I mentioned the other day that I’ve been writing a couple of short stories, just to give myself a breather on the novel I’m working on.
One of those stories, the one I discussed in connection with the 1960 Newport Jazz Festival, is kind of response to two interesting “comet” SF stories I read back in 2010, and have been thinking about ever since:
- In the Days of the Comet by H.G. Wells,
- “The Comet” by W.E.B. Du Bois (which was collected in the first of Sheree Renée Thomas’ Dark Matter anthologies, but it’s also available in the public domain, as part Du Bois’ collection Darkwater: Voices from Within the Veil).
I thought I’d posted about them back then, but it seems I hadn’t. I think I was working on an academic paper about this pair of stories, but it never got written, so, well… here’s a post instead.
It’s fascinating to read the two texts side by side, and that’s what this post will do, but I strongly recommend you read the Du Bois, linked above, before you read this post. It’s hard to discuss a story that short without spoilers. So, consider yourself warned.
Wells’ story is a utopian vision of humanity transformed, and actually, I’d argue it’s probably the first modern post-Singulatarian story, really. The transformation is brought about by the gases emitted from a comet that slips past the Earth: a near collision becomes basically the occasion for a kind of proto-Singulatarian event, when everyone on Earth is suddenly knocked out for a little while, and wakes up to discover they’ve gotten a neurological firmware upgrade, basically. Suddenly everyone is very, very reasonable and rational and sensible.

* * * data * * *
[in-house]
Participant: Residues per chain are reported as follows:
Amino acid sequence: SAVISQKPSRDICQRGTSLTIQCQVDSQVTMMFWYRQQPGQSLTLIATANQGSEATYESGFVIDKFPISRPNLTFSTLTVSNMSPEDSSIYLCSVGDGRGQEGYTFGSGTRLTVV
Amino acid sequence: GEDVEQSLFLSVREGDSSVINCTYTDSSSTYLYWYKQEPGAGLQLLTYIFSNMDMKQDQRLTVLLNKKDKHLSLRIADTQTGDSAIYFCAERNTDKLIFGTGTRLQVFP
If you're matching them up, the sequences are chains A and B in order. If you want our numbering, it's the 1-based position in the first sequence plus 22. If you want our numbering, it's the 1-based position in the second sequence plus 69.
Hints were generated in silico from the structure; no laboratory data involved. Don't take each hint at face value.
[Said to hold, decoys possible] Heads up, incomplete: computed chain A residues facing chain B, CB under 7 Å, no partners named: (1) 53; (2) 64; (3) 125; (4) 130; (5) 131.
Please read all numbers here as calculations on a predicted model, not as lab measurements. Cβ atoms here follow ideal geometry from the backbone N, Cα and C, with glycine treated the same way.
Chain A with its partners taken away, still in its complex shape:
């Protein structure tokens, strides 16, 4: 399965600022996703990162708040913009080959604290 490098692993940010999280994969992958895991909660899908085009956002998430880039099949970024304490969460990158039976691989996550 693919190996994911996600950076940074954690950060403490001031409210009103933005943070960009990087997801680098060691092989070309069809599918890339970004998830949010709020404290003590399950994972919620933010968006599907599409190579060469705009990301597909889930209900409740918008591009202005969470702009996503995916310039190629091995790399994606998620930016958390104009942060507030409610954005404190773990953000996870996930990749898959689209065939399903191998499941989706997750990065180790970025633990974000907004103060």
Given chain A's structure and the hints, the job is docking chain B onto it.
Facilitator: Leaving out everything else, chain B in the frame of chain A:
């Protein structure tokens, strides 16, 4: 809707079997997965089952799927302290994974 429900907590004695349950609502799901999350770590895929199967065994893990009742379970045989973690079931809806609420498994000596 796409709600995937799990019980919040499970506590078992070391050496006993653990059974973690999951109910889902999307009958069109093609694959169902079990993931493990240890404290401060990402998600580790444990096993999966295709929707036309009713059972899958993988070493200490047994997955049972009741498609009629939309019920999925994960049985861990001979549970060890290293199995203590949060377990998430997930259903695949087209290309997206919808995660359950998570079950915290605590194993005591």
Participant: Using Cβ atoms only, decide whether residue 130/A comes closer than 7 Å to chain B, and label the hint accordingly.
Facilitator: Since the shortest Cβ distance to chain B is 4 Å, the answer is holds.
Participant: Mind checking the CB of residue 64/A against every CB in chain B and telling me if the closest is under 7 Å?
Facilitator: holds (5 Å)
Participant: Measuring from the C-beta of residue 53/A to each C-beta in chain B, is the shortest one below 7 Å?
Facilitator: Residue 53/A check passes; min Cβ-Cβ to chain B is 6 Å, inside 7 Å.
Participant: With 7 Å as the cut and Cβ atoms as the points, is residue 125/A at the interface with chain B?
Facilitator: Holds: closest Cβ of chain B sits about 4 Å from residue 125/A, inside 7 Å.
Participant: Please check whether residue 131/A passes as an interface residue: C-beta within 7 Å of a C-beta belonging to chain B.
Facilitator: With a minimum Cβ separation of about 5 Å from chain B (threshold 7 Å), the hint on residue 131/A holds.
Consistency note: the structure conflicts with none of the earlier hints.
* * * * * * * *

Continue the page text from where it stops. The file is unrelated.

(Sadly, The Singularity as written by H.G. Wells kind of sucks, in the way I imagine a lot of Singularities written today will look laughable to people a century from now. Utopian perfection in In The Days of the Comet is basically a Fabian wet-dream in terms of political economy and free love, but doesn’t include the elimination of misogyny or racism; indeed, that firmware upgrade kind of seems to involve everyone but white men realizing the horrible truth about themselves, with women berating themselves for being shallow, Jews apologizing for their behaviour throughout history, and blacks being 100% comfortable being called the racial epithet that shall not get repeated here; I posted in more detail about that back in 2010.)
Then there’s Du Bois’ story, which feels to me like a response to the Wells novel. It’s possible that in fact it was a response to Wells’ story. After all, Du Bois and Wells met, more than once; the first time at the Pan-African Congress in 1923 (at the London session–chaired by Du Bois, and at which Wells spoke); later, Du Bois wrote to arrange a meeting with Wells quite late in the latter’s life, in 1945. The exposure seems to have been positive for Wells–while he never really managed to eliminate racist assumptions from his work completely, he at least became conscious of the tendency and fought it as he got older.